Goddammit. You were so close to making it, Gerard, and then you had to go and do this.
The news today is that Barcelona have officially triggered the buy-back clause included in the transfer deal made back when the club sold their homegrown-prodigy-turned-red-headed-step-child Gerard Deulofeu to Everton a couple of years ago. €12 million (a relative bargain in this insane new transfer market) and a new contract later, Barça and Deulofeu have mutually decided that it is time for the prodigal son to return. And it looks like a terrible decision for both parties.
Our chief concern is for Deulofeu’s own development. We here at Deadspin love him. We love him when he’s great, we love him when he’s dumb, and we have faith that if given time and freedom and encouragement and TLC he could maximize his moments of greatness while minimizing his spells of dumbness and turn into a consistently very good player. But going back to Barça right now couldn’t be a worse for the chances of that actually happening.
Deulofeu is a soloist. What he most likes to do—and what, at his best, he can be truly great at—is to play for himself, to pick up the ball, fling himself down the pitch with reckless abandon, take on any and all would-be defenders with the confidence of a man who thinks he could dribble through a brick wall, and either crack a wild (but sometimes unstoppable) shot or mash in an aimless (but sometimes spot-on) cross or lift an overly difficult (but sometimes inch-perfect) through pass over the heads of the defenders and onto the run of a teammate or, most often, lose the ball harmlessly because he tried to do to much.
Deulofeu plays like he believes games are won or lost solely based on what he alone does with the ball when he has it; more circumspect players think of their individual performances in terms of how they help the team as a whole achieve its goals. This trait of Deulofeu’s isn’t necessarily a bad thing. Almost every good team has at least one player with a single-minded focus on doing the things that directly lead to goals and wins. The problem is that this kind of player has to play in the right setup or else it won’t work at all.
In order to both fully express their talents and to improve, soloists need to play in a band without a front man, one where the soloist will be granted free rein to indulge their whims and to make mistakes and to lead the tempo and direction of the band’s sound. Deulofeu’s problem—well, one of them—is that he has had a hard time finding a group that will let him do all this.
It didn’t work out for him at Barcelona his first go-round there. It mostly worked at Roberto Martínez’s Everton, but later didn’t work at Sevilla or when he returned to Everton and Ronald Koeman’s took over as manager. And it doesn’t look like it will work at Barcelona this time. What makes this move back to Barça most odd is that the Catalan winger did appear to finally find the right band for him during the second half of last season while on loan at AC Milan. Instead of trying to stick around there or maybe finding a new, similarly accommodating home elsewhere, for some reason he chose to take a seat in the back of the orchestra at Barcelona.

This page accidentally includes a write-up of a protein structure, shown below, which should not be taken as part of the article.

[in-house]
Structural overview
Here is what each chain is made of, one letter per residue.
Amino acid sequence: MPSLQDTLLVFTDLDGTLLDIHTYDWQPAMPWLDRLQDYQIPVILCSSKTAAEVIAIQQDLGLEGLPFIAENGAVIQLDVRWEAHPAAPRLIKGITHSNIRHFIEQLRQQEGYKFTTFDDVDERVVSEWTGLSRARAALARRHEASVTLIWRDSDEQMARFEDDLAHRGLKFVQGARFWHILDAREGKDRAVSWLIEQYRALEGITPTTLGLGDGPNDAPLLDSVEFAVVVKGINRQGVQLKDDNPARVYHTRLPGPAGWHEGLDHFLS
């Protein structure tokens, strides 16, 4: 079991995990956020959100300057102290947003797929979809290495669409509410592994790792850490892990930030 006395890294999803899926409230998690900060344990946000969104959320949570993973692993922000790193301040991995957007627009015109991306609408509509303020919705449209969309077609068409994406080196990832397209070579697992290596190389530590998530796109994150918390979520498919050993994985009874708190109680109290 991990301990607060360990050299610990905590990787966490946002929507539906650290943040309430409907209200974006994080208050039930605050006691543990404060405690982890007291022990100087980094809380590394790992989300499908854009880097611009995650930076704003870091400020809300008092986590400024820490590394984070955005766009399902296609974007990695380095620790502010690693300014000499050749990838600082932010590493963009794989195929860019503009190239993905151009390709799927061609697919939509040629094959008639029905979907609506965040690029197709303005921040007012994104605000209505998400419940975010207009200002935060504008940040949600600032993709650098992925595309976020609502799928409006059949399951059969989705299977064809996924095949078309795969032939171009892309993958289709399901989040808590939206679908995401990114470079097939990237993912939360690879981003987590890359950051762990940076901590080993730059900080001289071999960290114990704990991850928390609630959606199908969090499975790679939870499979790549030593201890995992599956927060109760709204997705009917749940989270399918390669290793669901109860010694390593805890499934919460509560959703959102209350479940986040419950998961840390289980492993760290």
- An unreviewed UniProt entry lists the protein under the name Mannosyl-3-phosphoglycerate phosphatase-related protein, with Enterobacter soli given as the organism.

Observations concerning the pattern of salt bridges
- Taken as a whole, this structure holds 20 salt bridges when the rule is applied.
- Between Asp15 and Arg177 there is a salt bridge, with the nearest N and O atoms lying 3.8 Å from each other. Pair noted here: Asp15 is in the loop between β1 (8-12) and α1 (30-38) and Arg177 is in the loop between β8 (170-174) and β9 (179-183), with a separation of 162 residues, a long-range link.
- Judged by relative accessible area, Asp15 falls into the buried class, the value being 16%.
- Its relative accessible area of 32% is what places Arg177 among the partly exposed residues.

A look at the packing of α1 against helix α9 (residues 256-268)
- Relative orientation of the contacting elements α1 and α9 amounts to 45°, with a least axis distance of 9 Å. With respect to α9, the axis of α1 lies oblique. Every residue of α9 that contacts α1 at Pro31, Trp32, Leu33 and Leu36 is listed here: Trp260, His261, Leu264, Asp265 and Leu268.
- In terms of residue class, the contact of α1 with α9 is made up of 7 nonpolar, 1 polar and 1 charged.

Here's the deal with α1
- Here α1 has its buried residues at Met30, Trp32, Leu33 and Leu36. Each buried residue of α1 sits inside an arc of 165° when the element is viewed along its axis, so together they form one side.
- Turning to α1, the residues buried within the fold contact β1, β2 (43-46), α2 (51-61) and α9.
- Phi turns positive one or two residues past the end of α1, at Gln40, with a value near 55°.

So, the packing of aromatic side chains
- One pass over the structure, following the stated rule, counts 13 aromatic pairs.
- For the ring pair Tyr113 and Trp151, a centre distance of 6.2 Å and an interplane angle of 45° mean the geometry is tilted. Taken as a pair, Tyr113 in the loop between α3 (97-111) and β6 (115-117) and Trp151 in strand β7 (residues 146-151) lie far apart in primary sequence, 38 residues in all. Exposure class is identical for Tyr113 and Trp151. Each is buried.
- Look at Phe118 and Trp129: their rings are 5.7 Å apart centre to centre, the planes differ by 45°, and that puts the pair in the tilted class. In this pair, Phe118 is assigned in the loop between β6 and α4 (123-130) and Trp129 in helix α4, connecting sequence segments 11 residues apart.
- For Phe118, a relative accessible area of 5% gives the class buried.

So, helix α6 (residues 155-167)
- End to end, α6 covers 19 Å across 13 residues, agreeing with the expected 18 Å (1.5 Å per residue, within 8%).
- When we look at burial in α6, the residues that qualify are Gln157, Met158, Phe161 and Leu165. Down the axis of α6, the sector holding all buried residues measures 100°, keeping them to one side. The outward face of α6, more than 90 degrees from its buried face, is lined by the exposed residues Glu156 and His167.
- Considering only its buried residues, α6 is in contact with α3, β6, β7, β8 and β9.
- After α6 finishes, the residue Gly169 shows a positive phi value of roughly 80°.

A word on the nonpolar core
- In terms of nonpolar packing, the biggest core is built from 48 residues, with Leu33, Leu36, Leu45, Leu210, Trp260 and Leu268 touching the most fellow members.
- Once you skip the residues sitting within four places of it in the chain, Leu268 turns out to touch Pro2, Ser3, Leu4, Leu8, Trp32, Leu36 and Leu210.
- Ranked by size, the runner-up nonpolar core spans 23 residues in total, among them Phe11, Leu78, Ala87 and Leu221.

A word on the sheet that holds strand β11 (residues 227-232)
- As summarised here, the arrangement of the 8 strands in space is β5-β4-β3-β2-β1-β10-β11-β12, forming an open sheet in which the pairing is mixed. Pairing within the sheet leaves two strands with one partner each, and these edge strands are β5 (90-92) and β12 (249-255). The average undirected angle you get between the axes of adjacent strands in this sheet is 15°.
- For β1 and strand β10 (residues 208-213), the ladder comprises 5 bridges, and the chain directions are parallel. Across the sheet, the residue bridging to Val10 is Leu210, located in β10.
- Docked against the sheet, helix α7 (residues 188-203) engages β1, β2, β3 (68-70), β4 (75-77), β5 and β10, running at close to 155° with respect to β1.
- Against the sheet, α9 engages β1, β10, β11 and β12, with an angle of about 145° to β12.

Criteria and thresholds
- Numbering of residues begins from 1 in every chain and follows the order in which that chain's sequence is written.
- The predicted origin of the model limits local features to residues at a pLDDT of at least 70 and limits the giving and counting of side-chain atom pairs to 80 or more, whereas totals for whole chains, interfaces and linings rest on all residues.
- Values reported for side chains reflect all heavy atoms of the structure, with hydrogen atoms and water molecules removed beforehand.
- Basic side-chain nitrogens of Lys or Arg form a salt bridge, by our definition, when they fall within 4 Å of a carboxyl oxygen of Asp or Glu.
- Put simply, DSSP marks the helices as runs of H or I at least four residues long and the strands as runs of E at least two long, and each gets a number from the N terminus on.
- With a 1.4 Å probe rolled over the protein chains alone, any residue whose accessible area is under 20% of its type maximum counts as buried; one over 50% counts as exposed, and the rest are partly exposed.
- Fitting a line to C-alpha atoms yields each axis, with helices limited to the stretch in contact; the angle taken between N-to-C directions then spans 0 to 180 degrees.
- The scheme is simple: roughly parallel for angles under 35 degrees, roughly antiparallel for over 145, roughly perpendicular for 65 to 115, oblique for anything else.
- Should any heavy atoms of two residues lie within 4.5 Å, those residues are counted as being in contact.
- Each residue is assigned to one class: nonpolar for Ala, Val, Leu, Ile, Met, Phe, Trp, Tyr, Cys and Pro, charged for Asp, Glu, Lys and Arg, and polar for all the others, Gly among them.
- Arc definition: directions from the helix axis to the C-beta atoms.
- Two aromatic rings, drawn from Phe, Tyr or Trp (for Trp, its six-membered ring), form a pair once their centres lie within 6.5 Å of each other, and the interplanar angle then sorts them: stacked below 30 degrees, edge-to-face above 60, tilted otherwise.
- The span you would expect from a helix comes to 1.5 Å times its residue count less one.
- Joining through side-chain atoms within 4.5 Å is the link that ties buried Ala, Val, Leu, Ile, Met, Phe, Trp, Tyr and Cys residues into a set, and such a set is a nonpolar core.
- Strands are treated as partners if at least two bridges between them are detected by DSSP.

Barcelona already have three of the best front men in the world, probably the best collection of soloists in the history of the sport. And those three rarely take nights off. At any given time on the pitch (during the rare moments he does get onto the field), Deulofeu will be at best maybe the fifth-best option to lead his team. A rotation forward at Barça needs to be content with spending the vast majority of the season on the bench, happy with playing in a disciplined, safe manner that defers at all times to the superior talent and decision making of whichever members of the Big Three are out there with him, and must only under the rarest circumstances engage in the kind of heedless runs and passes and shots that typify Deulofeu’s game. In short, Barcelona is not where Deulofeu should want to be if he wants to play they way Deulofeu normally plays.
These facts must have sat somewhere prominently in his mind (his return couldn’t have happened unless he signed off on it by agreeing to a new contract with Barça, and for most of the summer the news out of his camp was that he didn’t want to come back to his boyhood club precisely because he knew he probably wouldn’t get the playing time he needs), but were apparently overwhelmed by his desire to give it one more go at the club he always dreamed of starring for. It’s unfortunate, but it’s understandable, too. It’s hard not to come running home when it’s Barcelona calling you back. What’s even more unfortunate are the ulterior motives that most likely animated Barça to make that impossibly seductive call to Deulofeu.